"(b) The balance of the claim for excess profits taxes then outstanding will be liquidated by payments that may become due as the results of the carrying forward of net operating losses for years prior to the date of confirmation of the plan, in the following manner, to-wit: If by the carrying forward of the net operating losses for such prior years, the debtor becomes entitled to a reduction in taxes it would otherwise be required to pay in any particular year, the debtor is to pay to the District Director of Internal Revenue, Indianapolis, Indiana, an amount equal to the savings of taxes so brought about, such payments to be made upon the audit and allowance as deduction of such carryforward losses by the Internal Revenue Service. Such payments shall not exceed the total amount of $479,253.84. The obligation to make payments on account of said $479,253.84 is conditioned solely upon realization of tax savings from the carryover of prior losses, as described above, and such obligation shall terminate and be deemed satisfied in full (whether paid in full or not) upon expiration of the time provided by law for the carryover of such prior losses. Notwithstanding any provision herein to the contrary the United States shall have the right, with respect to any amount accruing to the United States out of tax savings under the formula hereinabove described and remaining unpaid, to take appropriate legal steps for the collection thereof at any time within six years after allowance of the loss as a carryover deduction by the Internal Revenue Service."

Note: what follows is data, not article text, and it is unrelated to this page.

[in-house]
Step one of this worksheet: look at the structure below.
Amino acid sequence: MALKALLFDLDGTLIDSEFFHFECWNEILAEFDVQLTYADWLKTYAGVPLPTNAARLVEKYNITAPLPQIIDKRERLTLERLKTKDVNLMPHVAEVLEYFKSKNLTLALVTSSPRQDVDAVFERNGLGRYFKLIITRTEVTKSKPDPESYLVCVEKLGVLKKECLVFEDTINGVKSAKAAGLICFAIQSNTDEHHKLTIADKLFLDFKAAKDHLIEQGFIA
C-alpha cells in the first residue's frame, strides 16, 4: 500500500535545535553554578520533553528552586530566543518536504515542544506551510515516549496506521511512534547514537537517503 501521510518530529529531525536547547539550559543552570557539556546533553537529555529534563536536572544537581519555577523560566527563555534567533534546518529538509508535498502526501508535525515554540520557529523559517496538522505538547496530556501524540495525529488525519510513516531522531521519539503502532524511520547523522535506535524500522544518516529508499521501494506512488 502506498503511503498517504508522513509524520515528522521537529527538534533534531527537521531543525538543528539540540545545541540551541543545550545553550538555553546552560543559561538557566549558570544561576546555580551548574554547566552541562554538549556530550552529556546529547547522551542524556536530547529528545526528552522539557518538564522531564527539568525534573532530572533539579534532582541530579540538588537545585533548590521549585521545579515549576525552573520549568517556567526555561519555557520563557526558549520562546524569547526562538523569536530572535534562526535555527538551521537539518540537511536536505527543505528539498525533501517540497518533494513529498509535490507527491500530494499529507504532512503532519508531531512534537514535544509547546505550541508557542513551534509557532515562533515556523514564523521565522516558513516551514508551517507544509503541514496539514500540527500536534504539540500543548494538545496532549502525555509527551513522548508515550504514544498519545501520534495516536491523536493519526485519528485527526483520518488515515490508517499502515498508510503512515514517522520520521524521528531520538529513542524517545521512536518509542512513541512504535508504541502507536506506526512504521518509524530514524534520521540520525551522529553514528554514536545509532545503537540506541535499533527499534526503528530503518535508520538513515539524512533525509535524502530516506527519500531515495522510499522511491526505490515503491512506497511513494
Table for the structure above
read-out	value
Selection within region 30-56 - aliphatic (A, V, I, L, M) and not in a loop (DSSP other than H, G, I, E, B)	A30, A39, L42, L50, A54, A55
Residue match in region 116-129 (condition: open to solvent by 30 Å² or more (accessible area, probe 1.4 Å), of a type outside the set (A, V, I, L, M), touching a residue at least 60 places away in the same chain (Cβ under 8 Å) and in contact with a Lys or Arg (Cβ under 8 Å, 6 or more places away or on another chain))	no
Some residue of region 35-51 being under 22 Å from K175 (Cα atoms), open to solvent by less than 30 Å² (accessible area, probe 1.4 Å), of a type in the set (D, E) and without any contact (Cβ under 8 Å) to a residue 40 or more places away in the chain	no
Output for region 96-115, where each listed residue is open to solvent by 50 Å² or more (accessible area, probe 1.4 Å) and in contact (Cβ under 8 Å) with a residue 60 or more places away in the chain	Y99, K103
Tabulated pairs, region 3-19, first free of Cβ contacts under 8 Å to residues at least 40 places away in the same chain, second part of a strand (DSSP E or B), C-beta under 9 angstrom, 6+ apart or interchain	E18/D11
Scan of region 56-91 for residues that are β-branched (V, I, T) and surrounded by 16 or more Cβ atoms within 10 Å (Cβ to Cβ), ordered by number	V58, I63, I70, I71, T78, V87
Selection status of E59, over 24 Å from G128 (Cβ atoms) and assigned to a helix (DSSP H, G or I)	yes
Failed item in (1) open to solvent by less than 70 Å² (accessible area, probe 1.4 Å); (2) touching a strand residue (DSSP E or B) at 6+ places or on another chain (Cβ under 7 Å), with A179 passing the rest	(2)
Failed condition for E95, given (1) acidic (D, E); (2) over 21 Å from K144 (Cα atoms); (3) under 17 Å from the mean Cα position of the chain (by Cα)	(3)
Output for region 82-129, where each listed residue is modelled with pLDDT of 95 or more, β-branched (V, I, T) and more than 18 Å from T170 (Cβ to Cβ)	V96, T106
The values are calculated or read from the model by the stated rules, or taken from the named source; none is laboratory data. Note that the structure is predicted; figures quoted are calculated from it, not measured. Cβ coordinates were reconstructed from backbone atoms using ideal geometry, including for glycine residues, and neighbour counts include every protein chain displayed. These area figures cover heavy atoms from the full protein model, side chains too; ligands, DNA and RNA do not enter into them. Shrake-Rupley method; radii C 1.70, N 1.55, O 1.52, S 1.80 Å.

The District Court's order approving consummation of the amended plan of reorganization provided:

"* * * that as of September 10, 1957, the date of consummation of the Plan of Reorganization, the debtor and its property as aforesaid were free and clear of all liens, encumbrances, claims, or interests of creditors and stockholders, except as follows:

"(a) The real and personal property taxes assessed in Vigo and Knox Counties, Indiana, for the year 1957, due and payable in 1958.

"(b) Claim of the United States of America in the amount of $479,253.84, which represents the balance of principal of excess profits taxes to be satisfied in accordance with the terms of the Plan of Reorganization.

"(c) All claims of Schenley Industries, Inc. or Schenley Distillers, Inc. against the debtor."